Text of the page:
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00000176-6d2a-dc2f-ad76-6d2a4ee60000The environment desk at Aspen Public Radio covers issues in the Roaring Fork Valley and throughout the state of Colorado including water use and quality, impact of recreation, population growth and oil and gas development. APR’s Environment Reporter is Elizabeth Stewart-Severy.

Banana Farm in the Mountains - A Model of Energy Efficiency

There’s a house in Old Snowmass unlike any other home in the Roaring Fork Valley, or in the world for that matter. The home Amory Lovins shares with his wife doesn’t have a furnace and it creates more energy than it uses.

Lovins is a scientist who founded Rocky Mountain Institute, an energy and environmental think tank. He’s become one of the world’s foremost thinkers on energy efficiency. And, he gets some of that inspiration from what he calls the “Banana Farm." Aspen Public Radio's Marci Krivonen reports.


Lovins and a group of friends built the 4000 square foot home in the early 1980’s. It was something of an experiment, designed to make the most of the energy efficiency and alternative energy technologies available at the time.

"It’s about 99 percent passive solar heated and there’s no conventional heating system and four winters ago, we de-commissioned the four wood stoves that provided the last one percent of the heat."

The stone flat-roofed structure looks like a cave. Solar panels on top of the house create more energy than the house uses. So, the home is actually putting energy back on the grid.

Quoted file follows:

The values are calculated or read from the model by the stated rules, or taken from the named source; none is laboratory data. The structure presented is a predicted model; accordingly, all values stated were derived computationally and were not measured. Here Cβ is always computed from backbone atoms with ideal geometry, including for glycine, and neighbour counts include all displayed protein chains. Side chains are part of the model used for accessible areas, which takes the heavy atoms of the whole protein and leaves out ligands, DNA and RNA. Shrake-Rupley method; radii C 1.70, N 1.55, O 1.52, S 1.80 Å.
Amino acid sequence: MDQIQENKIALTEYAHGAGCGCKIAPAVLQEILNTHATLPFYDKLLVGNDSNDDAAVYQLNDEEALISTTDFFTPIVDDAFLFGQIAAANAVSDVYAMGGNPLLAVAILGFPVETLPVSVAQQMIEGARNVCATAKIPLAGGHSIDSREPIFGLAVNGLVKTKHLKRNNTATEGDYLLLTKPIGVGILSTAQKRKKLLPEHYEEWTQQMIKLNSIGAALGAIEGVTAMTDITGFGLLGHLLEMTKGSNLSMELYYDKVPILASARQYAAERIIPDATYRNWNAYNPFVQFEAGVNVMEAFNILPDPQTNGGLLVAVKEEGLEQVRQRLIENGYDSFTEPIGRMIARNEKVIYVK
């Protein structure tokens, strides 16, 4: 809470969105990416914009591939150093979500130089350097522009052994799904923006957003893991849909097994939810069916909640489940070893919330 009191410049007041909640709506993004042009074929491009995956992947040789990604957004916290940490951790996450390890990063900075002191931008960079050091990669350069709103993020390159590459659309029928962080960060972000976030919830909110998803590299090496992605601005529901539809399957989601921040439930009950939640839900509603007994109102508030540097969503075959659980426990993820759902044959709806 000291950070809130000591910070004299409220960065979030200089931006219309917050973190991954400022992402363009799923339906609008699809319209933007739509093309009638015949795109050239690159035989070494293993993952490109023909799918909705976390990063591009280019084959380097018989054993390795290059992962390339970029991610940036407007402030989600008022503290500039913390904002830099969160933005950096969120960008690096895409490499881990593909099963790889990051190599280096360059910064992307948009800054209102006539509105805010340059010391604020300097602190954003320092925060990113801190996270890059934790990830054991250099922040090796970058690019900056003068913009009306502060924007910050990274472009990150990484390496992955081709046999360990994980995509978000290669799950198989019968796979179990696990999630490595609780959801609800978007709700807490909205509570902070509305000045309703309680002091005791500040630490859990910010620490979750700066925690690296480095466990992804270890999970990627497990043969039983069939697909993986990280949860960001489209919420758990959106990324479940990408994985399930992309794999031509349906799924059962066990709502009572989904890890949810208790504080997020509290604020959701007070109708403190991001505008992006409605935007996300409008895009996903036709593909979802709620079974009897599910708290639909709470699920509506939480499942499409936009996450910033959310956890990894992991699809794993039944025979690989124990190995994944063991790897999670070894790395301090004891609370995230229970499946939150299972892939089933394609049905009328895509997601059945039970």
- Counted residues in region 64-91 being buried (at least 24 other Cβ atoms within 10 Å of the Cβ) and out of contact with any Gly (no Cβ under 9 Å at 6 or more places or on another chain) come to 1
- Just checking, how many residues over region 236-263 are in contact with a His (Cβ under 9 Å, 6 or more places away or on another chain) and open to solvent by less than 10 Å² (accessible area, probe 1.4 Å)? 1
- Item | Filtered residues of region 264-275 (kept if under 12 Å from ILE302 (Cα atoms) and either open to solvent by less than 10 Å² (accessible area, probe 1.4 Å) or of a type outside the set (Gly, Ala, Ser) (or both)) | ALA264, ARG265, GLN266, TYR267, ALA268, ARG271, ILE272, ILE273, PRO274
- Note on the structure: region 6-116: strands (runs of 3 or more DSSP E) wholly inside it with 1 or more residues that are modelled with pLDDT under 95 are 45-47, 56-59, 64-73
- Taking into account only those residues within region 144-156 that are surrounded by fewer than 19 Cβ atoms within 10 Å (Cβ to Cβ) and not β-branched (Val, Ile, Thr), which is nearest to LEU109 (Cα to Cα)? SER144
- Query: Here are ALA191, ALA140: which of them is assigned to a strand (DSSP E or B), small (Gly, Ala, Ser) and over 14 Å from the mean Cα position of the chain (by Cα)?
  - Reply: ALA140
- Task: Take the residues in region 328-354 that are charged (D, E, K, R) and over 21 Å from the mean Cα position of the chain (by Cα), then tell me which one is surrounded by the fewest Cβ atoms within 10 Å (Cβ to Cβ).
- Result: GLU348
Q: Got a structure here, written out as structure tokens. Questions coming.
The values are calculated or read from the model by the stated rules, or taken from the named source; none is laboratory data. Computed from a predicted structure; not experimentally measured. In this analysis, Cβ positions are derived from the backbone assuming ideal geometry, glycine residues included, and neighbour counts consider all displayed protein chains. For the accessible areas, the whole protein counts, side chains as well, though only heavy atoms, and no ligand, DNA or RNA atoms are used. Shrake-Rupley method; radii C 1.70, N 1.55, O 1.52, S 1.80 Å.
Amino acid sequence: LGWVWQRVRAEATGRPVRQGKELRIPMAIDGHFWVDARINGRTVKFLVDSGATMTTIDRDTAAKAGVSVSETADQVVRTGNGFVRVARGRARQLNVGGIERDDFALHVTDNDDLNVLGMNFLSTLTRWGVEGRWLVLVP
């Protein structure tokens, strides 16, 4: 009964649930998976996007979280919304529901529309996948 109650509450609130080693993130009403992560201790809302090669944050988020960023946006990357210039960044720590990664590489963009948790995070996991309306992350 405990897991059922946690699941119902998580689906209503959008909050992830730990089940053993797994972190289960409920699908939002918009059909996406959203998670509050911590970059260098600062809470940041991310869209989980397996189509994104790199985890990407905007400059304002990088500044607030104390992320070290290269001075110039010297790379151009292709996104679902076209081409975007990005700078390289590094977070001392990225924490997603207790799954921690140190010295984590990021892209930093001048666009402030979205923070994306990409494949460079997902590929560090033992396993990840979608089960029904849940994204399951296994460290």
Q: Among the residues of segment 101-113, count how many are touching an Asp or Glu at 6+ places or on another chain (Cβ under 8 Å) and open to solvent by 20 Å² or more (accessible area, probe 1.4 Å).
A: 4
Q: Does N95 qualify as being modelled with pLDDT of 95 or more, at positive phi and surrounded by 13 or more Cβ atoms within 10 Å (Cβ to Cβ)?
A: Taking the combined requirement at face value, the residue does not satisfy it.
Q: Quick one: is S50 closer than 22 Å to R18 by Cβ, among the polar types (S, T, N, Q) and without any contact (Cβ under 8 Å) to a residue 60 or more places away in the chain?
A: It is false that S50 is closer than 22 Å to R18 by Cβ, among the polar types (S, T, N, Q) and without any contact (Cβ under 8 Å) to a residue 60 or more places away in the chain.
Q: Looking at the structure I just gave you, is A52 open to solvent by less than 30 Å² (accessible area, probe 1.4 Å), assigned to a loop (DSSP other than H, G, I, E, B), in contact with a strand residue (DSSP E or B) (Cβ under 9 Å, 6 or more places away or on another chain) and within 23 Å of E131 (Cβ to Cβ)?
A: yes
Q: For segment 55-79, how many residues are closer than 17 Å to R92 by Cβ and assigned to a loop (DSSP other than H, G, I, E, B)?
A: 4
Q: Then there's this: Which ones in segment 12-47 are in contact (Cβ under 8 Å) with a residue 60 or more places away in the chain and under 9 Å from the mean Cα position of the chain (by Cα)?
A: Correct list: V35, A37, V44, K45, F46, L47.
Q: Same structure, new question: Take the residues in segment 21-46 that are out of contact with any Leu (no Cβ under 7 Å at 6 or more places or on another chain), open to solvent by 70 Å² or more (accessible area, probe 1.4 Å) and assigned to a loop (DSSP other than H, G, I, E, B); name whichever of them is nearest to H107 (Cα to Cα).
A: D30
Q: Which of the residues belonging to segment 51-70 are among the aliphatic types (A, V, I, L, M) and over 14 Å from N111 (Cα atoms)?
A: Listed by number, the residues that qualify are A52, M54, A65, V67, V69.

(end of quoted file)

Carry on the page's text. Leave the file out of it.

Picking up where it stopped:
In 2009, Lovins updated the home.

"I didn’t want it to turn into a museum and the place is a continuous experiment," he says.

The home is sort of a museum though, complete with tours. Over the years, more than 100,000 people, including building professionals and dignitaries like Bill Clinton, have walked through the heavy, tightly sealed front door, down a hallway lit by sunlight. And, into the most unique part of the house: a jungle.

In the middle of the house, sandwiched between the kitchen and Lovins’ office, tropical vegetation takes over.

"We’ve had 47 banana crops so far, lemon, mango, papaya, loquat, passion fruit, you name it, it’s in here," says Lovins.

The jungle has multiple purposes. One is for irrigation. The water vapor produced by the plants goes back into fish ponds and eventually cycles back to irrigate the jungle.

A recent major retrofit was meant to demonstrate that homes can be free of fossil fuels. As part of the upgrade, an energy monitoring data system was set up. Now you can track 300 streams of data in real time, to see how much energy light fixtures and appliances are using.

It’s like the house is a living thing, where a burner on the stove or a light fixture in the refrigerator doesn’t get away with wasting energy. Lovins says the home is equal parts experiment and living quarters.

"This house is where Judy and I live and welcome our guests and grow a lot of our food, but it’s also a continuous experiment in forming Rocky Mountain Institute’s practice, we’ve helped design over 1000 buildings around the world."

The house alone has inspired a passive house movement in Europe where more than 30,000 homes have been built without heating systems. Thanks to organizations like RMI, more building professionals in the United States are bringing the movement here. Plans are being hatched now to build an ultra energy efficient building in Basalt. It’ll be the new home for Rocky Mountain Institute, and it will share some of the technologies found in Lovins’ house.